I never really knew winter until I moved to Wisconsin. The first year I was here I remember thinking, Gee, it sure gets cold here. Then someone told me gently that we had just had a mild winter.
They were right. The next year we had over a week of 20 degrees below zero. (This was not including the wind-chill factor!) When the temperature finally went above zero I remember rejoicing–everyone did! I later thought: It’s pretty weird to be celebrating zero-degree weather.
I’m used to Wisconsin winters now, of course, having lived here longer than anywhere else in the country–and I actually prefer our climate: I enjoy the colored leaves in fall, and I look forward to the winter snow. But mostly I like the fact that our weather changes. (This is why I would tire of living in a place like Hawaii, where the difference between one season and another is about five degrees.) Everything is a little more intense in Wisconsin, and you really appreciate that cup of hot cocoa so much more when there’s a blizzard outside.
There may be a spiritual truth here as well. Many of us feel that our country has gone through a long blizzard–a cold spell, if you will, not only in health but in our nation’s values and priorities. If so, I urge you not to give up your struggle for what you believe is right and just, or succumb to the cold. We were made for such times as these, and the world still needs to hear a voice for compassion and tolerance. Besides, the message of winter is always hope. We can live through almost any winter if we remember the light we prize (however dimly it may shine in the present moment).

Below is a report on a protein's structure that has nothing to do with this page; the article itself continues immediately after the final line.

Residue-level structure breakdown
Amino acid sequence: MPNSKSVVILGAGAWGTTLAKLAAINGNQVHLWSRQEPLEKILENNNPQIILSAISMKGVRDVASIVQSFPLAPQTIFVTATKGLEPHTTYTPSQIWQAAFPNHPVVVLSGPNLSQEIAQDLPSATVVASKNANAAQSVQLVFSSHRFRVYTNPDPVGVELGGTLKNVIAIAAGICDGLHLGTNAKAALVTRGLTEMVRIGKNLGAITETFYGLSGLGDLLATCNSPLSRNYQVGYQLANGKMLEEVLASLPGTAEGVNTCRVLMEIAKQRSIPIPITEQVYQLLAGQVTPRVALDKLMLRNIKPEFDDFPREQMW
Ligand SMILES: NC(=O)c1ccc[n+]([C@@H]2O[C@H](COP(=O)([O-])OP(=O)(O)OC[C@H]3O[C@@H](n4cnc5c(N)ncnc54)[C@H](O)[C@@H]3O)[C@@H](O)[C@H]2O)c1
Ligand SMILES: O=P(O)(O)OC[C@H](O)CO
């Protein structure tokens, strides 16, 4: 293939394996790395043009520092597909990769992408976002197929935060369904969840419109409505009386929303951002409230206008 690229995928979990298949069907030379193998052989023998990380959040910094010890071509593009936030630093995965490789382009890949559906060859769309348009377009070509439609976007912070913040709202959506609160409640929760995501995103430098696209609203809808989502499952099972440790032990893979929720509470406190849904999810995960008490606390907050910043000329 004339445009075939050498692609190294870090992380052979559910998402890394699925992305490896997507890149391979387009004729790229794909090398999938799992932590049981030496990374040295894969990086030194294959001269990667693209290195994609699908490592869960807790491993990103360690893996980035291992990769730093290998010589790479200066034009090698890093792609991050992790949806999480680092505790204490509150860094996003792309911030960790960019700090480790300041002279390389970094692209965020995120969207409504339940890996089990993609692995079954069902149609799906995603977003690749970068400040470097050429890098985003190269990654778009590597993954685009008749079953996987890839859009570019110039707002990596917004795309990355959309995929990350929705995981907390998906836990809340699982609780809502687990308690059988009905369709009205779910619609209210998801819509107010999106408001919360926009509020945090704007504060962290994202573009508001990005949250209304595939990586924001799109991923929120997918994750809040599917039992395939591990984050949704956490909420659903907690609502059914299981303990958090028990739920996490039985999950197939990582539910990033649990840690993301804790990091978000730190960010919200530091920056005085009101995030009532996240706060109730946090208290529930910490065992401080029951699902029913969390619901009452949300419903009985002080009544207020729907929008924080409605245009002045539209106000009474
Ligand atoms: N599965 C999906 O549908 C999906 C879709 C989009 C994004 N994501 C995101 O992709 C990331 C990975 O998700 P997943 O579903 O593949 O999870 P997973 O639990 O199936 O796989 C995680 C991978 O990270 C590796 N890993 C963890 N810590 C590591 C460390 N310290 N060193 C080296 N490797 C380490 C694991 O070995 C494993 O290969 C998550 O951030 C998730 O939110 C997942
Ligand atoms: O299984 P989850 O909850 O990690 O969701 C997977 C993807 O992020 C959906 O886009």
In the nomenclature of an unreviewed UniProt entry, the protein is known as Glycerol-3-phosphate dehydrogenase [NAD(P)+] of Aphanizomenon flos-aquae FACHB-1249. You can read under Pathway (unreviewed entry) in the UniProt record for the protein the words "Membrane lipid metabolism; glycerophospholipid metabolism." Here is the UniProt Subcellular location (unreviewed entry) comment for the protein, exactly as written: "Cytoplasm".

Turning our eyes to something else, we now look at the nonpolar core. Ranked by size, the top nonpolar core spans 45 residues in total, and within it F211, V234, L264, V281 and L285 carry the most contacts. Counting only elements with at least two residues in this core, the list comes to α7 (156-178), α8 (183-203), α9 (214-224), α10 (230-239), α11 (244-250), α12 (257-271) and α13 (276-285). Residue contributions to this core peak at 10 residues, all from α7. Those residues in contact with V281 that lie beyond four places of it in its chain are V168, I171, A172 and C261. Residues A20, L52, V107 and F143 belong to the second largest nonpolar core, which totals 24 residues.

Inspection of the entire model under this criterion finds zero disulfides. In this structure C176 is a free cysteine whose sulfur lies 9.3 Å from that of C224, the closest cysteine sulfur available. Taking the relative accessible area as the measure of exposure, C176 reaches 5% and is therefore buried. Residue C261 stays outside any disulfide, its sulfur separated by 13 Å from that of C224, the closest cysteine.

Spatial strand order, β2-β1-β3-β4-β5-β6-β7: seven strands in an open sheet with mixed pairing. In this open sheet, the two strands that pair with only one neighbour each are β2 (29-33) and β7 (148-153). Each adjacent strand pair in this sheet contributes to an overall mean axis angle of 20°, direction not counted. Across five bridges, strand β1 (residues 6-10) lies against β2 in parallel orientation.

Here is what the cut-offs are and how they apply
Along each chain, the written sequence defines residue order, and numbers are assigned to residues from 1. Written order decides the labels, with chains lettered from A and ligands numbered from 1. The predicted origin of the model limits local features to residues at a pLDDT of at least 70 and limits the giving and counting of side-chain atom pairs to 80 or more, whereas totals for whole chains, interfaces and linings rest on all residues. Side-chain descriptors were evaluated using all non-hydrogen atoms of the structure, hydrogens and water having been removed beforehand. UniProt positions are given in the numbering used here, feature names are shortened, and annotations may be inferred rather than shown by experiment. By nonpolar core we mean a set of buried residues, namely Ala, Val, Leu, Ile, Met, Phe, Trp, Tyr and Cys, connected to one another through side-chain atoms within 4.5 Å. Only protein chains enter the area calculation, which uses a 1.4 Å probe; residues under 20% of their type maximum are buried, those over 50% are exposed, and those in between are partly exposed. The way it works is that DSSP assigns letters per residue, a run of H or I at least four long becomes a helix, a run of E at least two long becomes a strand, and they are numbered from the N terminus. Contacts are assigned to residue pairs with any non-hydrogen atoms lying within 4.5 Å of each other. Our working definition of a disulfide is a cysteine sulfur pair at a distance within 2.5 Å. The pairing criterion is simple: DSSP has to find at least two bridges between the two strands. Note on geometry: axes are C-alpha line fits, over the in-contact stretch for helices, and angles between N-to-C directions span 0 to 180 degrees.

Hope, I believe, is part of what makes us human. When most other animals suffer, they just suffer, with nothing added to the suffering. When humans suffer, they know that there may be an end, and that makes their suffering just a little different. Most animals live through winter never knowing the sun will return. We live with the hope of spring, and the winter is changed thereby. Perhaps Emily Dickinson put it best in her Poem #254, which I quoted in my P 2 P column last June:
“Hope” is the thing with feathers
That perches in the soul
And sings the tunes without the words
And never stops–at all.
On this day, New Year’s Day, I wish you all not just a happy new year, but a challenging one. May you have a fine mixture of snow and hot chocolate, icicles and warm huddles, weighty gloom and that “thing with feathers.”
Which, again, is another way of saying…
peace and unrest,